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\viewkind4\uc1\pard\cf1\f0\fs24 Note that if we substitute values for \i x\i0 and \i y\i0 we have an equation with three unknowns: \i c\i0 1, \i c\i0 2, and \i r\i0 . Thus, if we know the location of three points on the circle, we have three equations in three unknowns. \cf2\f1 Simplify\f0 the following expression to see the three equations.\cf1 \f2
\par }
8 Sub(User)iVECTOR(loc SUB i SUB 1^2-2*c1*loc SUB i SUB 1+loc SUB i SUB 2^2-2*c2*loc SUB i SUB 2+c1^2+c2^2=r^2,i,1,3)a{\rtf1\ansi\ansicpg1252\deff0\deflang1033{\fonttbl{\f0\fmodern\fprq1 Times New Roman;}{\f1\fmodern\fprq1\fcharset2 DfW5 Printer;}}
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\viewkind4\uc1\pard\cf1\f0\fs24 After you have obtained the three equations you can solve them for \i c\i0 1, \i c\i0 2, and \i r\i0 by evaluating the following expression.\f1
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8 ,UserSOLVE(result,{c1,c2,r})8{\rtf1\ansi\ansicpg1252\deff0\deflang1033{\fonttbl{\f0\fmodern\fprq1 Times New Roman;}{\f1\fmodern\fprq1\fcharset0 Times New Roman;}{\f2\fmodern\fprq1\fcharset2 DfW5 Printer;}}
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\viewkind4\uc1\pard\cf1\f0\fs24 Substitute for \i result\i0 the three equations in \i c\i0 1, \i c\i0 2, and \i r\i0 that you obtained by \f1 simplifying\f0 #5 above. Note that you will see more than one set of answers. How do you choose which set to use? Now substitue the correct values for \i c\i0 1, \i c\i0 2,\i \i0 and \i r\i0 into equation #4 and plot the result. Note that the circle passes through the three points.\cf2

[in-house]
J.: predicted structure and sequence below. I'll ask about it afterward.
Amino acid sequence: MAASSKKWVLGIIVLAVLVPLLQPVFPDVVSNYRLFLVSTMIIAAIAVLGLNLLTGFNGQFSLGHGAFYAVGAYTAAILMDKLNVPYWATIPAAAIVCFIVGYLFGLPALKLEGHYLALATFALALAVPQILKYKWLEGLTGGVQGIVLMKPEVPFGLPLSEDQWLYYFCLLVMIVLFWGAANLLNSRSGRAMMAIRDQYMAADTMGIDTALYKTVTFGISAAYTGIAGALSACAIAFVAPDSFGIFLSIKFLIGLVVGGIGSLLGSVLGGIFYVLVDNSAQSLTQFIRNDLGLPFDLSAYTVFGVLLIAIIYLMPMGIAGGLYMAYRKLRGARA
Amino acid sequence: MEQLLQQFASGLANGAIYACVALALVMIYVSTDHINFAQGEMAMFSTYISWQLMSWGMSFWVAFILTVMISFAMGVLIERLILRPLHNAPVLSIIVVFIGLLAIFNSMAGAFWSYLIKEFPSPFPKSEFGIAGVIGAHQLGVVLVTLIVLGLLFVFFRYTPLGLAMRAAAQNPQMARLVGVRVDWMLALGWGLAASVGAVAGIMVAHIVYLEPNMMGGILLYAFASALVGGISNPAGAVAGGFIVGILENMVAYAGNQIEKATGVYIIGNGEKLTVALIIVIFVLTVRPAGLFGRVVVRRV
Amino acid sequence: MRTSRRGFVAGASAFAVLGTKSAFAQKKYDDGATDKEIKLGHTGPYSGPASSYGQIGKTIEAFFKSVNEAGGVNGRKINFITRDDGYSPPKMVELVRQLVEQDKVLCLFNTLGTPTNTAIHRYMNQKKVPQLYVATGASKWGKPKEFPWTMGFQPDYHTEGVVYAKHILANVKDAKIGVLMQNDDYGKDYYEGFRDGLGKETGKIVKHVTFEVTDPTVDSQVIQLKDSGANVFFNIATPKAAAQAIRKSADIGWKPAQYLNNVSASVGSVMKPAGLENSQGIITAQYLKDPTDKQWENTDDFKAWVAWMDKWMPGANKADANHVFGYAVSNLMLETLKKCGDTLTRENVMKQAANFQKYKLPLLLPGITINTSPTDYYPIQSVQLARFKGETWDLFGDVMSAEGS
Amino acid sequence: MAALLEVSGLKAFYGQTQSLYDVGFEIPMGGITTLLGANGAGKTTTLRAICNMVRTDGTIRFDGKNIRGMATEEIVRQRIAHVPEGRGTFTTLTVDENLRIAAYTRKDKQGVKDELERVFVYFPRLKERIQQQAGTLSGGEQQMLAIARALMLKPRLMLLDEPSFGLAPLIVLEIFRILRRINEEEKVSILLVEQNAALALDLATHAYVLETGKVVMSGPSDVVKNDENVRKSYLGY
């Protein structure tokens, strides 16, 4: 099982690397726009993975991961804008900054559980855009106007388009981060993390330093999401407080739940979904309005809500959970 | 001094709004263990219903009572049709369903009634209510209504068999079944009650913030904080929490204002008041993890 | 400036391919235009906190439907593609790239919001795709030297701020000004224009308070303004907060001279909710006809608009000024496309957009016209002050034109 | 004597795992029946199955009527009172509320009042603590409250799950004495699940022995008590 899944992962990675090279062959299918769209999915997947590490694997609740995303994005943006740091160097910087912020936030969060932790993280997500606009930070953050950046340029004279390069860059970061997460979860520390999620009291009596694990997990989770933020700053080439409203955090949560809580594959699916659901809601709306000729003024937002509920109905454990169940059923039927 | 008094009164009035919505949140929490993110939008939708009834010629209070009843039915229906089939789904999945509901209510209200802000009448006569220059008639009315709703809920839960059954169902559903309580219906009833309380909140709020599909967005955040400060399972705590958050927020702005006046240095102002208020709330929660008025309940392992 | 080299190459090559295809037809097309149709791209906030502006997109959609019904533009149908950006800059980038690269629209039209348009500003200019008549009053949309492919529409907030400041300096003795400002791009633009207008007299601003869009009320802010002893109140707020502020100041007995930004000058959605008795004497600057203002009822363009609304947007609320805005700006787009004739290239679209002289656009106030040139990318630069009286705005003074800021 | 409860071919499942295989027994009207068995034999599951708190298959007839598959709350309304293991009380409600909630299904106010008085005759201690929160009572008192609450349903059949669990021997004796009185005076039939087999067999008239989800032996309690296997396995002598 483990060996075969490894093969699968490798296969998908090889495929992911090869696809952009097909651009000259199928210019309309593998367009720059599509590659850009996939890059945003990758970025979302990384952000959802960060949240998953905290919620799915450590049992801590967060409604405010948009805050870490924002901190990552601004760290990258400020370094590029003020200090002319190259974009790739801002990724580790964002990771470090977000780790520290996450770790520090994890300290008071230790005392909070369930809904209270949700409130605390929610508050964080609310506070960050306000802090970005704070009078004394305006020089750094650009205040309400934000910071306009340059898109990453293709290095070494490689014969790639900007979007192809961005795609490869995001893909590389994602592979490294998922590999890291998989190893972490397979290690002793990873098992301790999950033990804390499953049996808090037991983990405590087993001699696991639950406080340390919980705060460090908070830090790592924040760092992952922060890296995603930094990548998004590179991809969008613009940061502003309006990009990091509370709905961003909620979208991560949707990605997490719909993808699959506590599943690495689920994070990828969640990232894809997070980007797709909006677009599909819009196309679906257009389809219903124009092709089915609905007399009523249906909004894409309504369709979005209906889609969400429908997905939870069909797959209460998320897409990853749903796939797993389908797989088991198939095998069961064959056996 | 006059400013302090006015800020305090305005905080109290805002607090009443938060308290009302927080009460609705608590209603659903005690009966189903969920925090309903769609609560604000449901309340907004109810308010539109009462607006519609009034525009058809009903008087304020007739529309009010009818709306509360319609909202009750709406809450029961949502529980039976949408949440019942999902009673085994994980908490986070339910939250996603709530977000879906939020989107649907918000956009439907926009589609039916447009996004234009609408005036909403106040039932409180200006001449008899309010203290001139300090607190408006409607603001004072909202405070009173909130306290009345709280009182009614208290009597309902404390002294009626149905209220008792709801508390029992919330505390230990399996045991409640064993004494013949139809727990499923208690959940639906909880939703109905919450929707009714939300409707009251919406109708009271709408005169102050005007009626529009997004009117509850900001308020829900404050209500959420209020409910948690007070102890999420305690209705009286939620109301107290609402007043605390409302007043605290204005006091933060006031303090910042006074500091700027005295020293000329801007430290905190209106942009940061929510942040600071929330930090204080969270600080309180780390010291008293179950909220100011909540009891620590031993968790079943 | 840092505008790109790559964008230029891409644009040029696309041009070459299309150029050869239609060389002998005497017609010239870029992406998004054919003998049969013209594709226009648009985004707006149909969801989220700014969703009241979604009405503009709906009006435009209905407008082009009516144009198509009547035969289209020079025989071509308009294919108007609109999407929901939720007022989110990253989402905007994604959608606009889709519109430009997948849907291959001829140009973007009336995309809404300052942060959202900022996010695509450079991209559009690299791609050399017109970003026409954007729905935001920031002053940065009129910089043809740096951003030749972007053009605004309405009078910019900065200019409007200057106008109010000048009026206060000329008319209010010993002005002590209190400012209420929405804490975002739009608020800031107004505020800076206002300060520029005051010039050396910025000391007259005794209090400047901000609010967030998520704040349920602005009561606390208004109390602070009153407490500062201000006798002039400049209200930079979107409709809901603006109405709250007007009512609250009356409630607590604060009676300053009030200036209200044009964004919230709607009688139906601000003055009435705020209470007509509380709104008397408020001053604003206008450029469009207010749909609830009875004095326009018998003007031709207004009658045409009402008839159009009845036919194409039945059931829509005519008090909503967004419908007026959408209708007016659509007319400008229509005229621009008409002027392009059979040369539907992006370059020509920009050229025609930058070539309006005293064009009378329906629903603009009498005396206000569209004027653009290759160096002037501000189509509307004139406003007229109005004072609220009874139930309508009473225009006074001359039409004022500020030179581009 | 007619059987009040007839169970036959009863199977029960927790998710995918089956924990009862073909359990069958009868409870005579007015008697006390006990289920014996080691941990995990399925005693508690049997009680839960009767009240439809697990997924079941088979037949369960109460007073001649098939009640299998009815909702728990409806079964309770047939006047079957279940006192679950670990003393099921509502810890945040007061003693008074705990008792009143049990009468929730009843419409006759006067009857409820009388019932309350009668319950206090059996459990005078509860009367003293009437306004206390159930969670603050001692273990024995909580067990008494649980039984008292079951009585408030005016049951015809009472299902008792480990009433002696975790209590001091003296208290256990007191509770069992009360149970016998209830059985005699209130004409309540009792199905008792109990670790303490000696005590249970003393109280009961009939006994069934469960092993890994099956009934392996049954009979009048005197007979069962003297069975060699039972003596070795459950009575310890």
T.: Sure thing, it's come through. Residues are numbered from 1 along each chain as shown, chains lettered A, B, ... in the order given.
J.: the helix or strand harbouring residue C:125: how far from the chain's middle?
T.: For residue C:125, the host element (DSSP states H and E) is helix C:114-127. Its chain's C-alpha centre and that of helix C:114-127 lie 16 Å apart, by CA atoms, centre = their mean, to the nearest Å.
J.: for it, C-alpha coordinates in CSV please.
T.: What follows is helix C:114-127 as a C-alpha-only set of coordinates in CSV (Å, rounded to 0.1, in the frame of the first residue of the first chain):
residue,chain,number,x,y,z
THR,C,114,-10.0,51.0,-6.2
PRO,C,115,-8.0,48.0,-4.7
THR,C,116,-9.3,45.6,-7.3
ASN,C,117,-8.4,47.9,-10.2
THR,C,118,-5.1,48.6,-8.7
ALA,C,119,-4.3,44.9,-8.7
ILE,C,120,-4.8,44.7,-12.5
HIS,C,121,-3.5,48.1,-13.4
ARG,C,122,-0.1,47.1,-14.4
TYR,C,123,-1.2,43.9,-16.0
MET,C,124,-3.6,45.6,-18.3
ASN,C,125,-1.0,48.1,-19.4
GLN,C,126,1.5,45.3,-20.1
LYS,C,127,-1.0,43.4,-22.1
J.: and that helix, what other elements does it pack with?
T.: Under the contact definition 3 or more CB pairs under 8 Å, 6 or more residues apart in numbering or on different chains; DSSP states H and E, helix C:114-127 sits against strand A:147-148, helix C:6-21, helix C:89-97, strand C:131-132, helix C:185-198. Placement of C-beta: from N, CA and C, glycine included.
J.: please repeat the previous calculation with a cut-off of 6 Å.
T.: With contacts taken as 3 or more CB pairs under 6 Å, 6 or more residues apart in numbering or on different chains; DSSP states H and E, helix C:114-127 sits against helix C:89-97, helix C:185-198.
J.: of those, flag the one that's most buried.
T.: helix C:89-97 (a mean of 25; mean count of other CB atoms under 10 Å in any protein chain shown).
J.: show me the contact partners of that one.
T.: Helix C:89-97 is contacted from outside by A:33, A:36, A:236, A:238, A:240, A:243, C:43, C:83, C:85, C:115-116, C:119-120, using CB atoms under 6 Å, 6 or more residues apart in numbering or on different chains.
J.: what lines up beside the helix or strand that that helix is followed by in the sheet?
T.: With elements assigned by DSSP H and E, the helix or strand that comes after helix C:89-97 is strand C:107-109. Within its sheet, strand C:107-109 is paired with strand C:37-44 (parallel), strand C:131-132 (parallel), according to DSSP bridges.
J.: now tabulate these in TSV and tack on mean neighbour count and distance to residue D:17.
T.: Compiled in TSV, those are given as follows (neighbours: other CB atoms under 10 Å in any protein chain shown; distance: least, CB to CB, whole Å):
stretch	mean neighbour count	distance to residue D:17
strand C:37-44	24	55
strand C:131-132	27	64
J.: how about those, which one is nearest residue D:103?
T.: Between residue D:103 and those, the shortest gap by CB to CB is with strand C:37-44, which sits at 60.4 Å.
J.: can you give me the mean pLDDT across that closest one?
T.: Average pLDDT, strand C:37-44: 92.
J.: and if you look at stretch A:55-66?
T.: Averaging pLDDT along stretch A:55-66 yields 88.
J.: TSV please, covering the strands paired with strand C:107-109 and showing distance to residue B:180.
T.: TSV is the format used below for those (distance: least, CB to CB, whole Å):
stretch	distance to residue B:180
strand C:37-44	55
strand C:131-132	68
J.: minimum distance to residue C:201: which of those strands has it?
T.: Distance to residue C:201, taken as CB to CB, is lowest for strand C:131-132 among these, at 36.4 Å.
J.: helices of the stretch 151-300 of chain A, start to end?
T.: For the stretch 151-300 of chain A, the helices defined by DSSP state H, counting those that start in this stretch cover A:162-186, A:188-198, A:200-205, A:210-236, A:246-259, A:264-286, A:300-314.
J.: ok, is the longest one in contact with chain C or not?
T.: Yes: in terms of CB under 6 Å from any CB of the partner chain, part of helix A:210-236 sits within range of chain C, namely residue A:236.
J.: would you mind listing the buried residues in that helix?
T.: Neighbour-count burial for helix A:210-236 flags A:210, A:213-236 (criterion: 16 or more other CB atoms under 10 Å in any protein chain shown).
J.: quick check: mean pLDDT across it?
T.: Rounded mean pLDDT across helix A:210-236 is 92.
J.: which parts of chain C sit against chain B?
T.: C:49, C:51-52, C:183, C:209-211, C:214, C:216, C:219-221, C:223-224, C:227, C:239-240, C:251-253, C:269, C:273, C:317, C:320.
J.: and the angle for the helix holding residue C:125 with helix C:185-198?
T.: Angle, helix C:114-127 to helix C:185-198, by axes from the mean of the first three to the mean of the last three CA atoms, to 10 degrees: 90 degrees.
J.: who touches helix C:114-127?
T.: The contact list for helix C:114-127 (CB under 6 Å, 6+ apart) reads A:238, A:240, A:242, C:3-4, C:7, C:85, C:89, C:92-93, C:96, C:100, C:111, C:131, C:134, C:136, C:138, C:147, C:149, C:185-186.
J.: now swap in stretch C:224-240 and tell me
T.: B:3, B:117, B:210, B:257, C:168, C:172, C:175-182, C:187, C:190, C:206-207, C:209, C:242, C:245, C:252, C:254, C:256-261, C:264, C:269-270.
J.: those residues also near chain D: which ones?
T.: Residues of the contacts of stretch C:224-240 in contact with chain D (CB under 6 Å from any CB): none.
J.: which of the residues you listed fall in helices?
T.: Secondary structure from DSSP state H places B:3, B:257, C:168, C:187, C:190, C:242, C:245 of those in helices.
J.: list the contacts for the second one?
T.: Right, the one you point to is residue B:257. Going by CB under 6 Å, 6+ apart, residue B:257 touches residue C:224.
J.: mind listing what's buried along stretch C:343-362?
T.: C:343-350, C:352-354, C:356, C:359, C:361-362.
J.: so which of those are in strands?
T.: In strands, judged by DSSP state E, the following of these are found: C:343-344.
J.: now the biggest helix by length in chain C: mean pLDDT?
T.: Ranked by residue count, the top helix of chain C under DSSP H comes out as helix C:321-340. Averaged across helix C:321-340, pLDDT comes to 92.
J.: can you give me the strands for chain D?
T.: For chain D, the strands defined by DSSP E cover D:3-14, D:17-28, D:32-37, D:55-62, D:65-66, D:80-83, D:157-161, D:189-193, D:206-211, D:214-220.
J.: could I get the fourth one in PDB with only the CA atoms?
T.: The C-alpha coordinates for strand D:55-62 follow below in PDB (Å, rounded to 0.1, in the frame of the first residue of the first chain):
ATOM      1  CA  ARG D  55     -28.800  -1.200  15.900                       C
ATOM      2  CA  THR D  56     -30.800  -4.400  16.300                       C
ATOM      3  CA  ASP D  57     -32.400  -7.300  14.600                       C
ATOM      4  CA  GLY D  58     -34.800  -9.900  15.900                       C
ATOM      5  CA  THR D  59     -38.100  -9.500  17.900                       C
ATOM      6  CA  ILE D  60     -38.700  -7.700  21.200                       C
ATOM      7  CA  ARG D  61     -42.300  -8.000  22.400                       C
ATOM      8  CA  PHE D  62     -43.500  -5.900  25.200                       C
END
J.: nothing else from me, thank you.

\par
\par \b Extensions:
\par
\par \b0 The method used to locate the distribution center can be used in other circumstances. First of all, we are not confined to finding the center and radius of a circle. We can find a curve that passes through a given number of points. Consider the equation for a parabola.\f2
\par }
8User
y=a*x^2+b*x+c{\rtf1\ansi\ansicpg1252\deff0\deflang1033{\fonttbl{\f0\fmodern\fprq1 Times New Roman;}{\f1\fmodern\fprq1\fcharset0 Times New Roman;}{\f2\fmodern\fprq1\fcharset2 DfW5 Printer;}}
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\viewkind4\uc1\pard\cf1\f0\fs24 In this equation there are three parameters that need to be found in order to completely define the parameters. That means that if we know three points: (\i x\i0 0, \i y\i0 0), (\i x\i0 1, \i y\i0 1), and (\i x\i0 2, \i y\i0 2), we can find the equation for the parabola passing through these points.
\par
\par \ul Exercise\ulnone
\par \cf2 1) Generate three points at random and assign the result to a variable called \i pts\i0 . Plot the three points.
\par 2) Substitu\f1 t\f0 e these three points into the equation of the parabola to obtain three equations in the three unknowns: \i a\i0 , \i b\i0 , and \i c\i0 .
\par 3) Solve the equations for \i a\i0 , \i b\i0 , and \i c.
\par \i0 4) Plot the parabola.
\par \cf1
\par Finally, we end this discussion with a more general result.
\par
\par \cf2 5) Show that if we have a polynomial of degree \i n\i0 , then if we know \i n\i0 +1 points lying on the graph of the polynomial, we can find the equation of the polynomial.\cf1
\par
\par The general result stated in 5) and proven by you leads us to a final
\par
\par \ul Exercise\ulnone
\par \cf2 6) Generate a random integer between 3 and 7. Call the result \i n, \i0 Write the general\f1 \f0 equation of a polynomial of degree \i n\i0 .
\par 7) Generate \i n\i0 +1 random points and save the result in a variable called \i pts.\i0
\par 8) Use these points to write \i n\i0 +1 equations involving the parameters for the polynomial expression from 6)
\par 9) Solve the equations for the parameters, substitute into the polynomial equation, and plot the result.
\par \cf1\f2
\par \f0\fs20 Carl Leinbach: leinbach@cs.gettysburg.edu \f2\fs24
\par }